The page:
### The backtracking step

Have a look at this small piece of code and then read the explanation below:

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private static void placeQueen(int[] G, int pos) { // if all the queens are placed, just print the board if (pos >= BOARD_SIZE) { printBoard(G); return; } // try each cell of the row, position the queen and if it is safe, move to the next row for (int i = 0; i < BOARD_SIZE; i++) { G[pos] = i; if (isSafe(G, pos)) { placeQueen(G, pos + 1); } else { // if this was a partial solution and didn't work out till the last row, // remove the current queen and try the next cell in the row. G[pos] = -1; } } } |

**Check out the github link for the complete code**

### Explanation

- Placing the first queen in the first row
- Place it in the first cell (0,0) and check if it is safe
- As this is the first queen, it is safe, so try placing the second queen in second row

- Placing the second queen in the second row
- Place the second queen in the cell(1,0) and check if it is safe
- It is not safe because the zeroth column already has a queen, so remove the queen and try next cell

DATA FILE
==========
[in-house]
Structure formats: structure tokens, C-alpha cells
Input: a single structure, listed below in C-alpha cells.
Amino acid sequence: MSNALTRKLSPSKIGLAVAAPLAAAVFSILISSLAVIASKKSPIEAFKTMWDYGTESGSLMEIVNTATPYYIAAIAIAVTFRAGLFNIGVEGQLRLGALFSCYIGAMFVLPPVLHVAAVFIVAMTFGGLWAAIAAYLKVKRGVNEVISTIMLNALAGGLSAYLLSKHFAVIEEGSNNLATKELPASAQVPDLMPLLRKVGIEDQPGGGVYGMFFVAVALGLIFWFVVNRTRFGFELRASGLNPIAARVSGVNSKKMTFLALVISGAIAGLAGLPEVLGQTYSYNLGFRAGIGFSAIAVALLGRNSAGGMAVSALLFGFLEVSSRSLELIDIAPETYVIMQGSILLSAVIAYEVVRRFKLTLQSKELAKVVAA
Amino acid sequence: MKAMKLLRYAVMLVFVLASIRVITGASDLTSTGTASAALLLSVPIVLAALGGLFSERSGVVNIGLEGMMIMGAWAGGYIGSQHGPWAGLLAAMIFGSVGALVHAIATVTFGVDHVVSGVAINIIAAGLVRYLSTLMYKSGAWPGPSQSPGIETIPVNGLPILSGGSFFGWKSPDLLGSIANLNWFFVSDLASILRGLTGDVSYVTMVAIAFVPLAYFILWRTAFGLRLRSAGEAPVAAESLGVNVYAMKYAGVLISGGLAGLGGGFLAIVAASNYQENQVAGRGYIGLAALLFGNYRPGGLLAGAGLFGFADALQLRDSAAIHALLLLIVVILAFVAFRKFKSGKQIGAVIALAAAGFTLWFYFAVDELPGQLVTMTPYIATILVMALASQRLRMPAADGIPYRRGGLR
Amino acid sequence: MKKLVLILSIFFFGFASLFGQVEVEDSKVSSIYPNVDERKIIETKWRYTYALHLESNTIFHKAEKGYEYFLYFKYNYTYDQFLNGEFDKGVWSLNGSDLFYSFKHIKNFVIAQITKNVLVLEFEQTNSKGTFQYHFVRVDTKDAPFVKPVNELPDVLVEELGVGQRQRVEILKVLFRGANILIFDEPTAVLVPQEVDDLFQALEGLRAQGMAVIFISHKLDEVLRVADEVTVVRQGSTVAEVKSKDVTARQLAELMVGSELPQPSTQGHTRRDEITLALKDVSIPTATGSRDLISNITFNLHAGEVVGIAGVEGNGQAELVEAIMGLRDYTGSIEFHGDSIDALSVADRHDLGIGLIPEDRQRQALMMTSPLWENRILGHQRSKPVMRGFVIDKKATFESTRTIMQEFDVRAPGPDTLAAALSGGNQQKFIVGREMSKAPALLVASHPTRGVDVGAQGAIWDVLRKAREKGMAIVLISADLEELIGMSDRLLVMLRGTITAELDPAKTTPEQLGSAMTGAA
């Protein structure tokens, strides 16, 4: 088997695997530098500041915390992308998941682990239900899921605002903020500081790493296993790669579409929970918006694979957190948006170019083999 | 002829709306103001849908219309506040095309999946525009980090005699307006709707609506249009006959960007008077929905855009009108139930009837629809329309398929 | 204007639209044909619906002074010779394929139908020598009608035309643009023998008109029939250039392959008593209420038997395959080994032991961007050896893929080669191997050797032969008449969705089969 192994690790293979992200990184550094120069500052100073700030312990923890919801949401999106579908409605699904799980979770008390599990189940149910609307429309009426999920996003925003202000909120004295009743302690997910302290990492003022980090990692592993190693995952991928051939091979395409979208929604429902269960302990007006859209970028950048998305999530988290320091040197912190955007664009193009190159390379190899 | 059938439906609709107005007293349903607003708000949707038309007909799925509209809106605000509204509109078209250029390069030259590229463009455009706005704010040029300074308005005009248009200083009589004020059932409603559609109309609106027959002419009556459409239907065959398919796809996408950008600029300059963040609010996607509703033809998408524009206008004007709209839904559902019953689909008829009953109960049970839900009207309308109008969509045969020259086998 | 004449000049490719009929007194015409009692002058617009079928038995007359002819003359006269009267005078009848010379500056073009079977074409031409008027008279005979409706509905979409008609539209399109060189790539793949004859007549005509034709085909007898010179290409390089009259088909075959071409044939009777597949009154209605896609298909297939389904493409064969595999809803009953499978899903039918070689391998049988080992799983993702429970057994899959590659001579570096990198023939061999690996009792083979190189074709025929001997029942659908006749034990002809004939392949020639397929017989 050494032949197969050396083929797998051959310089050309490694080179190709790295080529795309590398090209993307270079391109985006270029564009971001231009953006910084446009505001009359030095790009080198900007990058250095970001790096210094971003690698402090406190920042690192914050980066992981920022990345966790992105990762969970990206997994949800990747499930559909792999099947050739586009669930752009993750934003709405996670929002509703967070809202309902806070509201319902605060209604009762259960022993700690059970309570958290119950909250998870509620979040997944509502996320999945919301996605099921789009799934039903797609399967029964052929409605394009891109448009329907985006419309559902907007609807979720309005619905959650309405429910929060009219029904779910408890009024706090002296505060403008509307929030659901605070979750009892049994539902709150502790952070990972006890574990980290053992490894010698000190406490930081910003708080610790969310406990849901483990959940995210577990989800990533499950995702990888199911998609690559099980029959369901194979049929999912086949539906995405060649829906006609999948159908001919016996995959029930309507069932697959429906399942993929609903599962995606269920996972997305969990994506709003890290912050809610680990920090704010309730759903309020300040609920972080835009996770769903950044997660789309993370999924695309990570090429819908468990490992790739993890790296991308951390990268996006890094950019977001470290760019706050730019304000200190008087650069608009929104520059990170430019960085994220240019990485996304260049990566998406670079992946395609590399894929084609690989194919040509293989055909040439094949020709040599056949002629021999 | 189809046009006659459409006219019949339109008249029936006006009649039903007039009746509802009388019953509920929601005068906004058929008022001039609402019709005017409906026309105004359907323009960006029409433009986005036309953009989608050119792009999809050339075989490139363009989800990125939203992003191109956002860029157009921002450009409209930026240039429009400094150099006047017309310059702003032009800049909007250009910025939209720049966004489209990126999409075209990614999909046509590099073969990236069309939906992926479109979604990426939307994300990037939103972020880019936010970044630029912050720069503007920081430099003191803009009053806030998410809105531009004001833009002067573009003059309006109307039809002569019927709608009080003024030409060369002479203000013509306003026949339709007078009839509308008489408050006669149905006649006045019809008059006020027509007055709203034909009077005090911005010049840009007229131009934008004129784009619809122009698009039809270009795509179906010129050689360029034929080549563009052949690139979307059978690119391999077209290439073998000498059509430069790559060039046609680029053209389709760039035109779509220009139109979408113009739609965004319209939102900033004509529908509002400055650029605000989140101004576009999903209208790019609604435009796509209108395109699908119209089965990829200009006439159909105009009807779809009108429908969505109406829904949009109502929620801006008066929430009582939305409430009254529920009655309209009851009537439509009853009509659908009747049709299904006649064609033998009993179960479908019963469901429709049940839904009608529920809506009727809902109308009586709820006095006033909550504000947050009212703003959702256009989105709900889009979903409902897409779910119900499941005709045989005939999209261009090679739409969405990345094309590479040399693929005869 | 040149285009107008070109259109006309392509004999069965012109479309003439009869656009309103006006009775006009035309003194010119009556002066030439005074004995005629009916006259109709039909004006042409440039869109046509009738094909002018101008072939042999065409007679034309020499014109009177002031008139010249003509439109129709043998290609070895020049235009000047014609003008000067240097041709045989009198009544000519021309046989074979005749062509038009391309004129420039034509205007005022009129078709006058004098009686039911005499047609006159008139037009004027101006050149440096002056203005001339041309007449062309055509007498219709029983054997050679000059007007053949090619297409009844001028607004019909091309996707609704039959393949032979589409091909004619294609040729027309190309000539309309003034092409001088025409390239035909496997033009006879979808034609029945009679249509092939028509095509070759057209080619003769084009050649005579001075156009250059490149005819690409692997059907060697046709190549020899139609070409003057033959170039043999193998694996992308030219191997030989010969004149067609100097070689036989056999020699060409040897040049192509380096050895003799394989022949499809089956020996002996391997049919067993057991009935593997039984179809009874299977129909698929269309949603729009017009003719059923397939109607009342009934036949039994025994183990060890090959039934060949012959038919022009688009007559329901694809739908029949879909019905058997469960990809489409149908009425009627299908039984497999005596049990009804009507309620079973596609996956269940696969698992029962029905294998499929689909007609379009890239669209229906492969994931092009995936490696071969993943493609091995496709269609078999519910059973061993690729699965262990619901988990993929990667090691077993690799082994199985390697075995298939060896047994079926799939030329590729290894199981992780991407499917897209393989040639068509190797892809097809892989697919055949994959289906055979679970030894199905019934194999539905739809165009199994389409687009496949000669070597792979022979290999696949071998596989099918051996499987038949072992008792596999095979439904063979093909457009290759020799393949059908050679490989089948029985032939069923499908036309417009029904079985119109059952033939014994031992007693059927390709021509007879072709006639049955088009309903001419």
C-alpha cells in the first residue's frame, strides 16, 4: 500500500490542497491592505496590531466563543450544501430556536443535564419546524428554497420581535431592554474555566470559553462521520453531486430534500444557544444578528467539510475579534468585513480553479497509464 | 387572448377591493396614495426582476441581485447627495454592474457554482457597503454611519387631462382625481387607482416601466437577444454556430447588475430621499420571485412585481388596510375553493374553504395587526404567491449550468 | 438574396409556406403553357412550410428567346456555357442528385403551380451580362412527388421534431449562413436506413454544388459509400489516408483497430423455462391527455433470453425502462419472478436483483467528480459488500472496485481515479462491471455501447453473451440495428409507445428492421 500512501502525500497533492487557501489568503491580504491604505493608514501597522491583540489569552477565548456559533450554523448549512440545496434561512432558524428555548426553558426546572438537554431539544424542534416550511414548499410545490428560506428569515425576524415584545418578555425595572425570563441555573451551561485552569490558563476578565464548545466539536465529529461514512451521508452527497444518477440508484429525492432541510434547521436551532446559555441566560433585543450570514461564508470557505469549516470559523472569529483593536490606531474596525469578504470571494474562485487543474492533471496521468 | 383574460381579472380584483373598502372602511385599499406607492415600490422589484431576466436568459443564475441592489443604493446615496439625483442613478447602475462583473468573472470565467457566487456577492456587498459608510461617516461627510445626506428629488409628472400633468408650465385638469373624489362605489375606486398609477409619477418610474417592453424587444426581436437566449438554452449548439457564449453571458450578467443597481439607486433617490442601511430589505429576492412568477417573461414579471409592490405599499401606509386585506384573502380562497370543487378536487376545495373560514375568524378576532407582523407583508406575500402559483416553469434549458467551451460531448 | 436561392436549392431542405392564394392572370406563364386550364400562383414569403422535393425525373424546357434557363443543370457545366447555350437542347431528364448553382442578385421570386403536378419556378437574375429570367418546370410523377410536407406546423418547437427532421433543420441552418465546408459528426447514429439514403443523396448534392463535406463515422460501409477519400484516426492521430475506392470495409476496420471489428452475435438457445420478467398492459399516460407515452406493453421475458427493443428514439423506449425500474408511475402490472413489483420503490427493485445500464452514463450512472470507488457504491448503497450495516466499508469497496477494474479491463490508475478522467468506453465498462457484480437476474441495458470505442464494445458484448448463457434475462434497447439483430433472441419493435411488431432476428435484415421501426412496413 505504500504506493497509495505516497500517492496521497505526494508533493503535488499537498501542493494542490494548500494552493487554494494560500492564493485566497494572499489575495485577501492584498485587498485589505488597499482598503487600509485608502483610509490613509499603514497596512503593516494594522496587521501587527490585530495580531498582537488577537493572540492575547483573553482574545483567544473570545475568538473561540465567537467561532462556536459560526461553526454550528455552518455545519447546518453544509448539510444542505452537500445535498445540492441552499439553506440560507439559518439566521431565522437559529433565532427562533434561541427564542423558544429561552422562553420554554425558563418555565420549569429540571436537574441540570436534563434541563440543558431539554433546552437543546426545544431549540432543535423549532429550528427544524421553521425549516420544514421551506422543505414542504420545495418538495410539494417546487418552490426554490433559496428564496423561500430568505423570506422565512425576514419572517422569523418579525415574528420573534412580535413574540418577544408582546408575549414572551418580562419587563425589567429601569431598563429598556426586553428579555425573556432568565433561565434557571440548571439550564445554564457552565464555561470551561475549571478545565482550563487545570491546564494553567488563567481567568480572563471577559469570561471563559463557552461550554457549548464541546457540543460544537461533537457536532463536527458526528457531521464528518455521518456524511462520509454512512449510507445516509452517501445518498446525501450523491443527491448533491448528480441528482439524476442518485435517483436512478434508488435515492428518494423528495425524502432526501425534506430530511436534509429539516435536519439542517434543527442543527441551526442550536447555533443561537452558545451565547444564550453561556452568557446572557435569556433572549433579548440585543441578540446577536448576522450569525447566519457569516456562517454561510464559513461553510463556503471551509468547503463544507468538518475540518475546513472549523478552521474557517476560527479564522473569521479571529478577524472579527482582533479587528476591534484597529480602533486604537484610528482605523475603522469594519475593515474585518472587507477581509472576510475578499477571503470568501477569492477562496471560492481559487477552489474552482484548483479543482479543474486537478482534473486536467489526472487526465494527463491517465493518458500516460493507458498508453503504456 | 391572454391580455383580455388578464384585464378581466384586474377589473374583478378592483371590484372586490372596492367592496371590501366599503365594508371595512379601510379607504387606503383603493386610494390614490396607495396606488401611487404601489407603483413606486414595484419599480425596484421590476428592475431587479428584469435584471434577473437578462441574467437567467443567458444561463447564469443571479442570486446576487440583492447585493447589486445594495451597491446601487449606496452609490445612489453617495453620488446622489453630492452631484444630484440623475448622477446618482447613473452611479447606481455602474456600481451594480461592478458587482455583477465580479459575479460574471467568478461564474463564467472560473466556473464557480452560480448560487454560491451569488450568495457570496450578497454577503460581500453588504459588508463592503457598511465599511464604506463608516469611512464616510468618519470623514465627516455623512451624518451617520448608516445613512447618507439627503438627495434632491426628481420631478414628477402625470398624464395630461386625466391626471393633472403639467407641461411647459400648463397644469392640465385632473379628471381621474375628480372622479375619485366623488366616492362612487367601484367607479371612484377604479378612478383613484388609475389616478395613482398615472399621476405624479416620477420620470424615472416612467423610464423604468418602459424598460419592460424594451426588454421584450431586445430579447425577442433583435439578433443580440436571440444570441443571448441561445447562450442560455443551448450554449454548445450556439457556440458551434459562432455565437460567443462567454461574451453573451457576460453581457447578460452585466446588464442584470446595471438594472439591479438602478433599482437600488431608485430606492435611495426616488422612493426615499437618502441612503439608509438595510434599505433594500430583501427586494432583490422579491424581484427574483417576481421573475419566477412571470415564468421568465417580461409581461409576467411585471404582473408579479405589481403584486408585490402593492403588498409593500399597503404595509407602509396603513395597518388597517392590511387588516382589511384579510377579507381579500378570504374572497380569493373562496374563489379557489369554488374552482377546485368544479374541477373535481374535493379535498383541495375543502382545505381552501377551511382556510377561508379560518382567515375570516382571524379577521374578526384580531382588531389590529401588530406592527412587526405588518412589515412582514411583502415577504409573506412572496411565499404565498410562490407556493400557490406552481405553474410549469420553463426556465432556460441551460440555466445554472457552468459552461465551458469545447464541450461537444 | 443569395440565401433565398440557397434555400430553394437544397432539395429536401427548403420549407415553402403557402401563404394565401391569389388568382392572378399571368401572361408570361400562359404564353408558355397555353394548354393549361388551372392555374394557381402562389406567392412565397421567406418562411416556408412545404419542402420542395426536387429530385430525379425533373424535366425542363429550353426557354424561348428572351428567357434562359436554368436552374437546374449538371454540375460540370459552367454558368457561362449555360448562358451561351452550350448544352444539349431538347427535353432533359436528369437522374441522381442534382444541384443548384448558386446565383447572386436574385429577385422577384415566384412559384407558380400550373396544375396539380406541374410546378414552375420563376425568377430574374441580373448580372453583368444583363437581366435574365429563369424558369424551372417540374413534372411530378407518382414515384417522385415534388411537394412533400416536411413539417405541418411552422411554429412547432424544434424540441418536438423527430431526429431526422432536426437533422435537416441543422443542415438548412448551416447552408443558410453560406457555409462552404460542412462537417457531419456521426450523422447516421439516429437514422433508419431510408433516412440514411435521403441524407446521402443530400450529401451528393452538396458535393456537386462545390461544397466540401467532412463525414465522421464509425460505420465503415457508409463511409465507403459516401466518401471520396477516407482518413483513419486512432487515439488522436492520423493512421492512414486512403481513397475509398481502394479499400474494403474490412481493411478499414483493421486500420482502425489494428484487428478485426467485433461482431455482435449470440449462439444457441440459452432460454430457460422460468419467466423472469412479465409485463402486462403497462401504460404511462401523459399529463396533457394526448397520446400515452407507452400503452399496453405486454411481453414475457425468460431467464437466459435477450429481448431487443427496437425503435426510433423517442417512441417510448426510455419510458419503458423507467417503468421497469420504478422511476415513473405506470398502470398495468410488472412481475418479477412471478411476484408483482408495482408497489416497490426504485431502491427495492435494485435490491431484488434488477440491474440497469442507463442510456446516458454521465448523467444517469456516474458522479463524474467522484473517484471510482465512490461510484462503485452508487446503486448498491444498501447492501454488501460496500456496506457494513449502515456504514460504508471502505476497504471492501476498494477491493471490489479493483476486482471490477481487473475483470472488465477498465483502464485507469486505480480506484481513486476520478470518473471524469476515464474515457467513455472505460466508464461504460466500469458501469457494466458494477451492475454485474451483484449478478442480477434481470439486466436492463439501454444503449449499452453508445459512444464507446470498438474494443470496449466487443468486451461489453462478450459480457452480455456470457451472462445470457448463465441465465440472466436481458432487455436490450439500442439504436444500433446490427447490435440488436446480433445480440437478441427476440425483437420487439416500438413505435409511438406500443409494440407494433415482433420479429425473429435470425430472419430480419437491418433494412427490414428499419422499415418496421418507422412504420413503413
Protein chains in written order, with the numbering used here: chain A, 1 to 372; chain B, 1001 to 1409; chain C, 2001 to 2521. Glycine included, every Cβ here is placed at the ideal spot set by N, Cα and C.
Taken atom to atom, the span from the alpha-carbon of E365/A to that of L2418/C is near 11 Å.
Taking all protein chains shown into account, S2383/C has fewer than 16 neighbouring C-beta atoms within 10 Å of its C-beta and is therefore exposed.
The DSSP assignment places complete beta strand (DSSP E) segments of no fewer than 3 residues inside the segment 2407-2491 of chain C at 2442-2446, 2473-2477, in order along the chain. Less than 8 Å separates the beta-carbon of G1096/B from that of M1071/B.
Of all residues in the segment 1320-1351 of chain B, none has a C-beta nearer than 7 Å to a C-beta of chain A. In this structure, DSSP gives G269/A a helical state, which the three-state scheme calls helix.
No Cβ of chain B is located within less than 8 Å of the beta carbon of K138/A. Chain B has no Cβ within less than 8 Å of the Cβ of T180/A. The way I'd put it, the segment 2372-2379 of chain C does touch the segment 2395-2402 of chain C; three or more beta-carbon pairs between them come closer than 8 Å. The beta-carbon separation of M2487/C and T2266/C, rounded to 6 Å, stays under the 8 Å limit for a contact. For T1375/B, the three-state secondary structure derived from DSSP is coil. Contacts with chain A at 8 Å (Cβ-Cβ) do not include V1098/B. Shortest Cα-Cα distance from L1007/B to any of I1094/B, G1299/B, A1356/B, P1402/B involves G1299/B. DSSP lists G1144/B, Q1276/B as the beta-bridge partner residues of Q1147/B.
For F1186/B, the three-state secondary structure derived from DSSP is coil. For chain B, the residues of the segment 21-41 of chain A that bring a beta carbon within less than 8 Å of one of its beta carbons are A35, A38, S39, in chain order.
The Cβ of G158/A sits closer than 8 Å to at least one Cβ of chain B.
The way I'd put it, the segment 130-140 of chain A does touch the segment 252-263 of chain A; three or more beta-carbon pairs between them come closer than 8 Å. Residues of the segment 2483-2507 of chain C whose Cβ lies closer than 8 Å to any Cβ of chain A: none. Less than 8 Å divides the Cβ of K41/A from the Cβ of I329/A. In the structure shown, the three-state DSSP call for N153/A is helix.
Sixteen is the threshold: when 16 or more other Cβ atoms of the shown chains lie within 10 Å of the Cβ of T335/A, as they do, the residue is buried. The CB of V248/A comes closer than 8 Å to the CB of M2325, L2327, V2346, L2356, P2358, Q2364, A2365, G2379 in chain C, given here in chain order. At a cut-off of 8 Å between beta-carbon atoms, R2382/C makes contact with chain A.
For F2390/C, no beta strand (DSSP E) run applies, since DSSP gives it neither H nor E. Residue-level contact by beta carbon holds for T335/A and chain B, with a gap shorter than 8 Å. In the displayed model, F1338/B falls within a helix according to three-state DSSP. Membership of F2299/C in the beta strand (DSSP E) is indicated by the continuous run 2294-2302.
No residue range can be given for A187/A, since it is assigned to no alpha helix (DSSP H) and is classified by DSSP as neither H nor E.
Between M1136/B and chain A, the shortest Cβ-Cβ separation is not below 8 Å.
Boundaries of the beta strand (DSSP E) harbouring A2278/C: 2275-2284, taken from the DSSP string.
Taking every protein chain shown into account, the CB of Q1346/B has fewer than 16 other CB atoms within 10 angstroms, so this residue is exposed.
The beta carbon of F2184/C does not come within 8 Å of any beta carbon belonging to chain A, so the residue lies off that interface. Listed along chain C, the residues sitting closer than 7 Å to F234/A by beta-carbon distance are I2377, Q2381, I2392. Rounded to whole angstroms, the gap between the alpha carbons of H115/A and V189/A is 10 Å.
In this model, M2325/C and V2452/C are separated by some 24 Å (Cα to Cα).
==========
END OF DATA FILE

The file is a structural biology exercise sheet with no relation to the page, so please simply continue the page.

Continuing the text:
- Place the queen at cell (1,1), it is still not safe because there is a queen at cell (0,0) which is the major diagonal of cell (1,1), so remove it and try next cell
- Place the queen at cell (1,2). As it is safe, so try placing the third queen in the third row

That is the idea. The code goes through all possible arrangements and prints all of them.

## Analysis for N Queen Problem

**Space complexity **

For this algorithm it is O(N). The algorithm uses an auxiliary array of length N to store just N positions.

**Time complexity**

- The isSafe method takes O(N) time as it iterates through our array every time.
- For each invocation of the placeQueen method, there is a loop which runs for O(N) time.
- In each iteration of this loop, there is isSafe invocation which is O(N) and a recursive call with a smaller argument.

If we add all this up and define the run time as T(N). Then T(N) = O(N^{2}) + N*T(N-1). If you draw a recursion tree using this recurrence, the final term will be something like n^{3}+ n!O(1). By the definition of Big O, this can be reduced to O(n!) running time.

Let me know in comments if you are not able to derive the n! from the recurrence, I will try to draw the recursion tree.

## Summary

Most of the time problems of backtracking can be easily identified by the following features:

- It will have a lot of solutions
- You will get some intuition that not all solutions will solve the problem and you might have to go back and change something
- As each step, you have to verify the integrity of the solution. Like if it is safe to move etc
- Based on the future steps, the present choice is considered a valid choice or not.
- No need to worry about the backtracking part, the recursion stack takes care of it.

Problems like Knights Tour, Sudoku, Robots path in a grid are all of same kind.